DELANO, Calif. - Dozens of Filipino-American employees at Delano Regional Medical Center settle for nearly $1 million after suing the hospital for discrimination.
In 2006, about 70 Filipino-American hospital staff and nurses all signed a petition after they claimed hospital management singled them out during meetings and threatened consequences for not complying with the hospitals English-only policy.
Those employees said they were singled out and harassed by hospital management because they spoke their native tongue at work.
"Those employees were constantly being told to speak English while watching other employees of different national organs were enjoying rights that they didn't have," said Rumie Vuong, of the EEOC.
The lawsuit was filed by the U.S Equal Employment Opportunity Commission and the Asian Pacific American Legal Center.
According to EEOC lawyers, the settlement is the largest workplace language discrimination case on the West Coast and the largest language discrimination case for the health care industry in the United States.
"The hospital has agreed to revise their equal employment policy and procedures to make sure people know where they can complain to and how that complaint will be dealt with. Additionally they have agreed to revise their language policy," said Vuong.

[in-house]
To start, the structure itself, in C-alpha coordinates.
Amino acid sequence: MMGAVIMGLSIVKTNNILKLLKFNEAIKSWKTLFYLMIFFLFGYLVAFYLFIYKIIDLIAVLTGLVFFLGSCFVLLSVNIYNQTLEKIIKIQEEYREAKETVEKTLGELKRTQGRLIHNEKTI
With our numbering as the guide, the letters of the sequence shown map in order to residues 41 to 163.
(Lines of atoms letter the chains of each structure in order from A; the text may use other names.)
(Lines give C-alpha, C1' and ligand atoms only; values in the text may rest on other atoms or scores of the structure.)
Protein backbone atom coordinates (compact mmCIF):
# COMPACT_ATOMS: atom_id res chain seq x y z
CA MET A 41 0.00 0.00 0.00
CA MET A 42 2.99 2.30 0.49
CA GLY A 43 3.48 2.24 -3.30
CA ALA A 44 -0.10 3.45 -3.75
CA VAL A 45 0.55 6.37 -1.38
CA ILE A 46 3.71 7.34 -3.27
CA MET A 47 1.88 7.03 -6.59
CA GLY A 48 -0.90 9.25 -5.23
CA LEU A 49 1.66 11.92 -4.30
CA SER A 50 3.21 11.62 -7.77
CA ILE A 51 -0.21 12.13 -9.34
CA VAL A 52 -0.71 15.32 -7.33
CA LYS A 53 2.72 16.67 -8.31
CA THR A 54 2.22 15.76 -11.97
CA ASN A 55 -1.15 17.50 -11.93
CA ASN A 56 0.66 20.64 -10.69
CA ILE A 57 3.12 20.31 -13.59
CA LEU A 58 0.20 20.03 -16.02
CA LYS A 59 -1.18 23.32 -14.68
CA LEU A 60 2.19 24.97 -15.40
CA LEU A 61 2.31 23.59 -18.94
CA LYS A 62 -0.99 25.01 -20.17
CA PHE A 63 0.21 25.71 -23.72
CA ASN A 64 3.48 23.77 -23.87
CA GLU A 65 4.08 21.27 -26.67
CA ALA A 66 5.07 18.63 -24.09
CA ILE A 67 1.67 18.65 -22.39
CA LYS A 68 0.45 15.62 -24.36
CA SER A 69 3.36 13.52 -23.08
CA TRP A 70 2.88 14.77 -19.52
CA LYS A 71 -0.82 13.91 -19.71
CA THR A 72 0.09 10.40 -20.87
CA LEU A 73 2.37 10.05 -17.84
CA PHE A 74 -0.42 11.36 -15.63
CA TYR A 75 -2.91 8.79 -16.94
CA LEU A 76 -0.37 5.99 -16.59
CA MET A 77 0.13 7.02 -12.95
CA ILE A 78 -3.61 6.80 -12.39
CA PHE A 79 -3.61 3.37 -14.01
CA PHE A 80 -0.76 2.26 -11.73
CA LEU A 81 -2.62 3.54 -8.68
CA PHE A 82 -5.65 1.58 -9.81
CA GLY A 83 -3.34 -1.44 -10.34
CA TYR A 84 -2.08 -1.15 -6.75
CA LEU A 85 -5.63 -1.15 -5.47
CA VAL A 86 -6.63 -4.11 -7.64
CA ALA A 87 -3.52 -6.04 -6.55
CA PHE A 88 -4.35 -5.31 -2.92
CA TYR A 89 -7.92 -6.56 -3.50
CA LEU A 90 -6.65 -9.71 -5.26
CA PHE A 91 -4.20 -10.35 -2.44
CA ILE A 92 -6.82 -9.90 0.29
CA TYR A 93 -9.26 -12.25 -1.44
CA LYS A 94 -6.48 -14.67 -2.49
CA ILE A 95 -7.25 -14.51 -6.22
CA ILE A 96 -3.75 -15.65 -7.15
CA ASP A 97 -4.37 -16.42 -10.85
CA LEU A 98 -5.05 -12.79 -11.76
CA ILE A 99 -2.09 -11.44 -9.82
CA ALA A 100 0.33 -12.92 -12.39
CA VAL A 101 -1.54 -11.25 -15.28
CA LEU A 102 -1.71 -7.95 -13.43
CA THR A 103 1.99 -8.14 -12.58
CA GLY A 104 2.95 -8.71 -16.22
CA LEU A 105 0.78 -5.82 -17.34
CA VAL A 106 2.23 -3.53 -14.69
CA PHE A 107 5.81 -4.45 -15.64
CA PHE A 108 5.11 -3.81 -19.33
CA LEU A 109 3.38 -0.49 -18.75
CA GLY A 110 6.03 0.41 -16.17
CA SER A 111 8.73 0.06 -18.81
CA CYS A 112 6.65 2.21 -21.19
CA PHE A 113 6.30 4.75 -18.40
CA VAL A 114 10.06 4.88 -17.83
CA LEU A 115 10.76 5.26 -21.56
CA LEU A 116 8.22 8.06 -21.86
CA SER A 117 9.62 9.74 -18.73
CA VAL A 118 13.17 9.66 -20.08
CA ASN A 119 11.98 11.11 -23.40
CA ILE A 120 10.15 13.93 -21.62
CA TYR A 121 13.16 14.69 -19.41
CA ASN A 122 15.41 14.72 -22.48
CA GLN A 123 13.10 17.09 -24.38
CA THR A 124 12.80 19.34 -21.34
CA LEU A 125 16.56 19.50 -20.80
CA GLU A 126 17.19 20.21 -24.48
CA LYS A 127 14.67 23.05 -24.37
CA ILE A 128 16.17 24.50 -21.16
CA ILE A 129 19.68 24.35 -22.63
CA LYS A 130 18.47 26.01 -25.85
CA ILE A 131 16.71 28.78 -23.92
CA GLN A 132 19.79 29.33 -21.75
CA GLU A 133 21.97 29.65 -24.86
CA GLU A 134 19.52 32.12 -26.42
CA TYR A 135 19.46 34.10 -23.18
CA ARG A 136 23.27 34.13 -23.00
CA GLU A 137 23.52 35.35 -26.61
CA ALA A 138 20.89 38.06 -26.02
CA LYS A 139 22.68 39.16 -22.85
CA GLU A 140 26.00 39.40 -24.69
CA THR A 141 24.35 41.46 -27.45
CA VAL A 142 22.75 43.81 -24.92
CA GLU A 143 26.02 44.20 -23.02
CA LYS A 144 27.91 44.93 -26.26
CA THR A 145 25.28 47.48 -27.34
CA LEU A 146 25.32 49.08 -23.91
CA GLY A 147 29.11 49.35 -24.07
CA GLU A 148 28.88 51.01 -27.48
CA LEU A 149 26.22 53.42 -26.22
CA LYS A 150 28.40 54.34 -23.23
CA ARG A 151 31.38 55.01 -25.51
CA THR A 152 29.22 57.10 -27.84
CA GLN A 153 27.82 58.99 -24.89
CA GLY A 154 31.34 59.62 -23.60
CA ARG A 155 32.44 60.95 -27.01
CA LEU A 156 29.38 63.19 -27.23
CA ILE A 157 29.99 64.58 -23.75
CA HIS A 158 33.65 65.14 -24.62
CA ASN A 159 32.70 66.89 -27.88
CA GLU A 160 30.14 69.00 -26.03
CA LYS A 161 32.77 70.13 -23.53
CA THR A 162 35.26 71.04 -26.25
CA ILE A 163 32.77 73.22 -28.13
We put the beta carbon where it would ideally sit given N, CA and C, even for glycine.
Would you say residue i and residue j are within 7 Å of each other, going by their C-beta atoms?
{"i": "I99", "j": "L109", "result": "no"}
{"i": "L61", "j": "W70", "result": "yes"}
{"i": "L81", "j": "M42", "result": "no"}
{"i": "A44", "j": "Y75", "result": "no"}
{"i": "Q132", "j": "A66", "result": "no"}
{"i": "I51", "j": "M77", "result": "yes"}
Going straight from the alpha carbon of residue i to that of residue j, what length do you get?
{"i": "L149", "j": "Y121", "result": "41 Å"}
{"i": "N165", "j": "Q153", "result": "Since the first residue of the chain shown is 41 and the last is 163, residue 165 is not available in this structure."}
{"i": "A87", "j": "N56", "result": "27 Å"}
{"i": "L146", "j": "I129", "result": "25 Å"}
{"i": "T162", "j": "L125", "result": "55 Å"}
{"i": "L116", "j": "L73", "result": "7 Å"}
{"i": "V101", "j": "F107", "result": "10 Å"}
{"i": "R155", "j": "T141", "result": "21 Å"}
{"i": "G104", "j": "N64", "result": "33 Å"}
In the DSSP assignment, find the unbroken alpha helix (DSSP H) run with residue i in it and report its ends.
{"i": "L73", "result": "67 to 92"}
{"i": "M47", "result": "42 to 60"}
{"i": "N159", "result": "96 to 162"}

The suit claims that supervisors, staff and even volunteers were allegedly encouraged to act as vigilantes, constantly berating and reprimanding Filipino-American employees for using their language and culture at work.
"One of our non- Filipino employees sprayed air freshener in my food, because she said she could not stand the smell of what I am eating," said Priscilla Penalosa, a former nurse.
According to a statement released by the hospital, it contends it did nothing wrong, which the consent decree confirms. DRMCs primary concern was bringing this matter to a fair and economically reasonable resolution.
The hospital has agreed to pay certain sums to settle individual claims advanced by the EEOC and private lawyers at the Asian Pacific American Legal Center.
The hospital statement went on to say most of these monies will go to pay fees and costs for those private lawyers. It made no financial sense for the hospital to continue this lawsuit and further and waste valuable assets which could be better spent on the communities' health care needs, according to the release.
The release also said the litigation was an attack on DRMCs policy requiring the use of either English or the patient's preferred language while providing patient care. That policy has been updated but it remains in place despite this litigation. The policy is designed solely to protect patients and ensure that they receive the best care possible and DRMC remains dedicated to that goal, according to the release.
"We know the settlement isn't an admission of wrongdoing but we are just happy that they recognize that something needed to be done by agreeing to all these injunctive reliefs," said Vuong.
The hospital will also be required to hire an EEOC monitor to handle future complaints about discrimination.